Select Committee on BBC Charter Review Minutes of Evidence

Examination of Witnesses (Questions 320 - 339)


Mr Paul Vaughan, Mr Allan Munro and Mr David Moffett

  Q320  Chairman: In what way would you want it to do that?

  Mr Munro: Perhaps I could give you an example. Like Wales and England, we have three games in this autumn series. The only game that is going national is the New Zealand game. The Samoa game on Sunday and the Argentine game last Saturday were only covered on BBC Scotland. They had to bring in people who quite frankly were not used to covering sport and some elementary mistakes were made in the production.

  Q321  Chairman: What does that mean?

  Mr Munro: They were hiring in people from the outside to cover the game. For example, when the camera was going along each side before kick-off, with 15 mascots in front, the producer did not have the savvy to pull the camera back, and therefore all the grannies who were watching to see their grandson on the TV just did not see them. There were many other examples like that, where the coverage was not as great as it should be.

  Q322  Chairman: Do I get the impression that Wales feels the same, that the BBC could do more? You have talked about how important it is.

  Mr Moffett: I do not think we share that view. I think we have a very positive partnership with the BBC and we work very closely with them. If I could give you an example of how we do that, where our association with the BBC works outside of rugby. We have a very impressive stadium in the Millennium Stadium. The tsunami concert was put on in three weeks—which was pretty much of a world record—and we did that with the BBC. We raised £1.6 million for the Tsunami Appeal. That was just that one event which we organised but, as I said, we did it with the BBC, who were an existing partner. The other thing is that when we were playing for the Grand Slam against Ireland, on the Monday that I was leaving Scotland I rang Keith Jones, the head of programming, and suggested that the BBC find a big screen to put in the square so that many more people could watch their game—we just did not have enough tickets. They organised that within a week. I do not think anybody else could have done that. Our experience with the BBC, if we go to them, is that they are very proactive, very responsive to our requests. Indeed, 25,000 people were watching that match on that big screen in the centre of Cardiff.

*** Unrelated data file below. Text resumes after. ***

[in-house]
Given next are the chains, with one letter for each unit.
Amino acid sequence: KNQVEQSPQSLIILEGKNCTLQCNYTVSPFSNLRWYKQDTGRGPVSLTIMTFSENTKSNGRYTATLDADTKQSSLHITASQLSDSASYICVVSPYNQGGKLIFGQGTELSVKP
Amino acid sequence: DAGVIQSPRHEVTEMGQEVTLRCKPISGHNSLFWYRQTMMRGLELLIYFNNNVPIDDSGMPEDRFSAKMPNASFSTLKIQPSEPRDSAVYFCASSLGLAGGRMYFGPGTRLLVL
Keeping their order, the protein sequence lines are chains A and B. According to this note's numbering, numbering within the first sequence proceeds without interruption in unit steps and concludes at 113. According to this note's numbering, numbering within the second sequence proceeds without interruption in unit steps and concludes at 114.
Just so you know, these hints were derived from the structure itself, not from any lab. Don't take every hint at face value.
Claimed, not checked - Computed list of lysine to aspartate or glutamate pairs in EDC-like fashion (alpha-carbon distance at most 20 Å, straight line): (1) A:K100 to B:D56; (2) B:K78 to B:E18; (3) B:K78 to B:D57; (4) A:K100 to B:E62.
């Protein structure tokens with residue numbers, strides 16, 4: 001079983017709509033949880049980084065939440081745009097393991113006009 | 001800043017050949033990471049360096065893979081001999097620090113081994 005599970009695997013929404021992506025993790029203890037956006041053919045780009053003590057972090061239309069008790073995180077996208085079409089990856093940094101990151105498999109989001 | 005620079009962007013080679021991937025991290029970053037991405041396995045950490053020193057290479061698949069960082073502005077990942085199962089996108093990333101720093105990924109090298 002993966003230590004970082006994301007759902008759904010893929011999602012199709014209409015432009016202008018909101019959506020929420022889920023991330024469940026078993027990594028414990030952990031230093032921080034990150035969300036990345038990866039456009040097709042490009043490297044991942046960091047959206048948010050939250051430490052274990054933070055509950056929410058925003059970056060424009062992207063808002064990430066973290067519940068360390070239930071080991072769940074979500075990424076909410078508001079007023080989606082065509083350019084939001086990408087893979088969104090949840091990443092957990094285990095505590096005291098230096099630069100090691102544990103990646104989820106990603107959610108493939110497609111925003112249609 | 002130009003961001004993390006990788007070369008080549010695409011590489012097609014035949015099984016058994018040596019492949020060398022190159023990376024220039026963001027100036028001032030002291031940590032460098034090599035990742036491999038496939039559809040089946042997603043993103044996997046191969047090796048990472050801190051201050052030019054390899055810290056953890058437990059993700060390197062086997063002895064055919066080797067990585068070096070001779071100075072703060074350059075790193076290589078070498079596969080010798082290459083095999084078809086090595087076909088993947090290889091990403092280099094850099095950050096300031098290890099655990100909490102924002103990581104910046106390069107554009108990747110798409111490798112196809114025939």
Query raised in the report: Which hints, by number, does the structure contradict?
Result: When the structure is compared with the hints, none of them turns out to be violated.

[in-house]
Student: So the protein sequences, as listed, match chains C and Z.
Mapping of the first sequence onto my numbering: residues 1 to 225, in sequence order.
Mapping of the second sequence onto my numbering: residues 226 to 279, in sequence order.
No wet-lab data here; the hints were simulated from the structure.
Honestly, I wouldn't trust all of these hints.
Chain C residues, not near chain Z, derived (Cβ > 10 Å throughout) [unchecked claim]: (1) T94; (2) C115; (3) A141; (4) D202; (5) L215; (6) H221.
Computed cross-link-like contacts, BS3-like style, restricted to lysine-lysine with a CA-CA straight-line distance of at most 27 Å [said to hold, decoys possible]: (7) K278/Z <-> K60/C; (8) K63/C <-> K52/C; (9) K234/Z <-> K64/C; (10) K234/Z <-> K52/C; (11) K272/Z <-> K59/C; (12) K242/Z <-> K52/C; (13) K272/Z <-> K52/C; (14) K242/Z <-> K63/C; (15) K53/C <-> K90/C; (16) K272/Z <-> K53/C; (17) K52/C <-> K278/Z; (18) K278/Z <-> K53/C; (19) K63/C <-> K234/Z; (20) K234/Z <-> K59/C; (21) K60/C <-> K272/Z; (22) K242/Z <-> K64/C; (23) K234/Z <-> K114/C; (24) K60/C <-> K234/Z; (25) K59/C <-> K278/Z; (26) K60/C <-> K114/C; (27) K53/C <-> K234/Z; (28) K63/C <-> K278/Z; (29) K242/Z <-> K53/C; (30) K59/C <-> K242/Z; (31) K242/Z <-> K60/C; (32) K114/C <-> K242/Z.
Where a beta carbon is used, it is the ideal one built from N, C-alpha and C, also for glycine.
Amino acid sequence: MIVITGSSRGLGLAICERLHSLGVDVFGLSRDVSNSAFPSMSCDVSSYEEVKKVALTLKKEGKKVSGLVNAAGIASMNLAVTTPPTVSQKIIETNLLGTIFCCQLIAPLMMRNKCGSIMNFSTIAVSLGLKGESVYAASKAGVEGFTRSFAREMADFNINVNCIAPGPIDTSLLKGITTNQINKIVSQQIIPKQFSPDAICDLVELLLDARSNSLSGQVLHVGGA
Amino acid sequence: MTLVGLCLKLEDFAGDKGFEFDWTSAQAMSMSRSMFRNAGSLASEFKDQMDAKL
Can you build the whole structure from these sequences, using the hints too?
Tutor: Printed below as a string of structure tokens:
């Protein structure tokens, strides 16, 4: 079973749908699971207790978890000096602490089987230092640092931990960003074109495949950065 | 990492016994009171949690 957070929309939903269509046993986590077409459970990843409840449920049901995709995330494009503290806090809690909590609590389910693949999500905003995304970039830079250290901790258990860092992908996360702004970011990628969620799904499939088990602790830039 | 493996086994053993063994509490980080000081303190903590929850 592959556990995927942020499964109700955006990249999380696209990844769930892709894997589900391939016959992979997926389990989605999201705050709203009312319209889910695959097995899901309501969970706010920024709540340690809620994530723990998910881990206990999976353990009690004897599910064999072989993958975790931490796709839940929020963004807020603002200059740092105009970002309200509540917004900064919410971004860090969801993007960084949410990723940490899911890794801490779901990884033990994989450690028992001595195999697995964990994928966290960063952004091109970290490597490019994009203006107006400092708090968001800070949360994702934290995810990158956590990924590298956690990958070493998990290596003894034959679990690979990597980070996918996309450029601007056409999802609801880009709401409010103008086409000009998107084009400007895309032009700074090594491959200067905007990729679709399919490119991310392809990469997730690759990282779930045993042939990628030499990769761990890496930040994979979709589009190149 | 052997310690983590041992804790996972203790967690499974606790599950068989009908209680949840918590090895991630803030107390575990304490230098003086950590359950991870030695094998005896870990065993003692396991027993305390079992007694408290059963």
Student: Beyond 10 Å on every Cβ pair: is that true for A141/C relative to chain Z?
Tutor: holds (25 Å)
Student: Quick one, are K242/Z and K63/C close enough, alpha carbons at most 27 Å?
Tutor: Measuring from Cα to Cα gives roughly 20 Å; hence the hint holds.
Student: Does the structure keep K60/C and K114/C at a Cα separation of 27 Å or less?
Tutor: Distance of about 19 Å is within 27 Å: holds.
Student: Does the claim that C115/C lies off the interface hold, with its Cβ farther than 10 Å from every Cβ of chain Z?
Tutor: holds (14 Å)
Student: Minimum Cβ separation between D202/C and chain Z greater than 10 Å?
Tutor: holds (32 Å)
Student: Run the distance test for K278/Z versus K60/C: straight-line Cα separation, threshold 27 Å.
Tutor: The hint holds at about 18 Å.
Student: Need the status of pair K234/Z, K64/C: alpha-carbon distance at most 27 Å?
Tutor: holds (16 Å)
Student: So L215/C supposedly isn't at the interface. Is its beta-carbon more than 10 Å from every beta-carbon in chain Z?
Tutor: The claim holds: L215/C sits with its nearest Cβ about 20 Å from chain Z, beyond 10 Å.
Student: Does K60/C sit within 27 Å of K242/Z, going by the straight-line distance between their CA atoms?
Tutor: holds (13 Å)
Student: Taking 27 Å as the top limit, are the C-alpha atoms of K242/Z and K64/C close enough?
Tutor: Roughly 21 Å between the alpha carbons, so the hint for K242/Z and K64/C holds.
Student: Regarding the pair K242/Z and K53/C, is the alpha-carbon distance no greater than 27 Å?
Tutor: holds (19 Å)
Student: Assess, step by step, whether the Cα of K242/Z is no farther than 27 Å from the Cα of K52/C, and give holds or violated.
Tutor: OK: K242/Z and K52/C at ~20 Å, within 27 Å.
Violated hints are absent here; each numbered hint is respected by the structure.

Q323  Chairman: What about England?

  Mr Vaughan: Our relationship with the BBC is very good as well but we have a good relationship with all of our broadcasters. We have a split between Sky Sports and the BBC in terms of our coverage, so, for instance, our autumn internationals, the series of three that we are in at the moment, are broadcast live on Sky and then the BBC have rights to show it as a delayed game, which they are now showing on BBC Three and then the following day, on the Sunday, as a highlights package on Grand Slam on BBC Two. We have a relatively good balance of coverage and quality of coverage. In England, according to our research, we have over 9 million people who are interested in the game, so we have an interesting market from all the broadcasters in terms of what they want to show. The audiences that England's games drive are actually of great interest to both parties, therefore we are able to get into a competitive bid situation for our rights.

  Q324  Chairman: There is no particular issue you have with the BBC.

  Mr Vaughan: Only that they always cry foul when it comes to money, but you would expect that anyway.

  Q325  Chairman: How do you mean?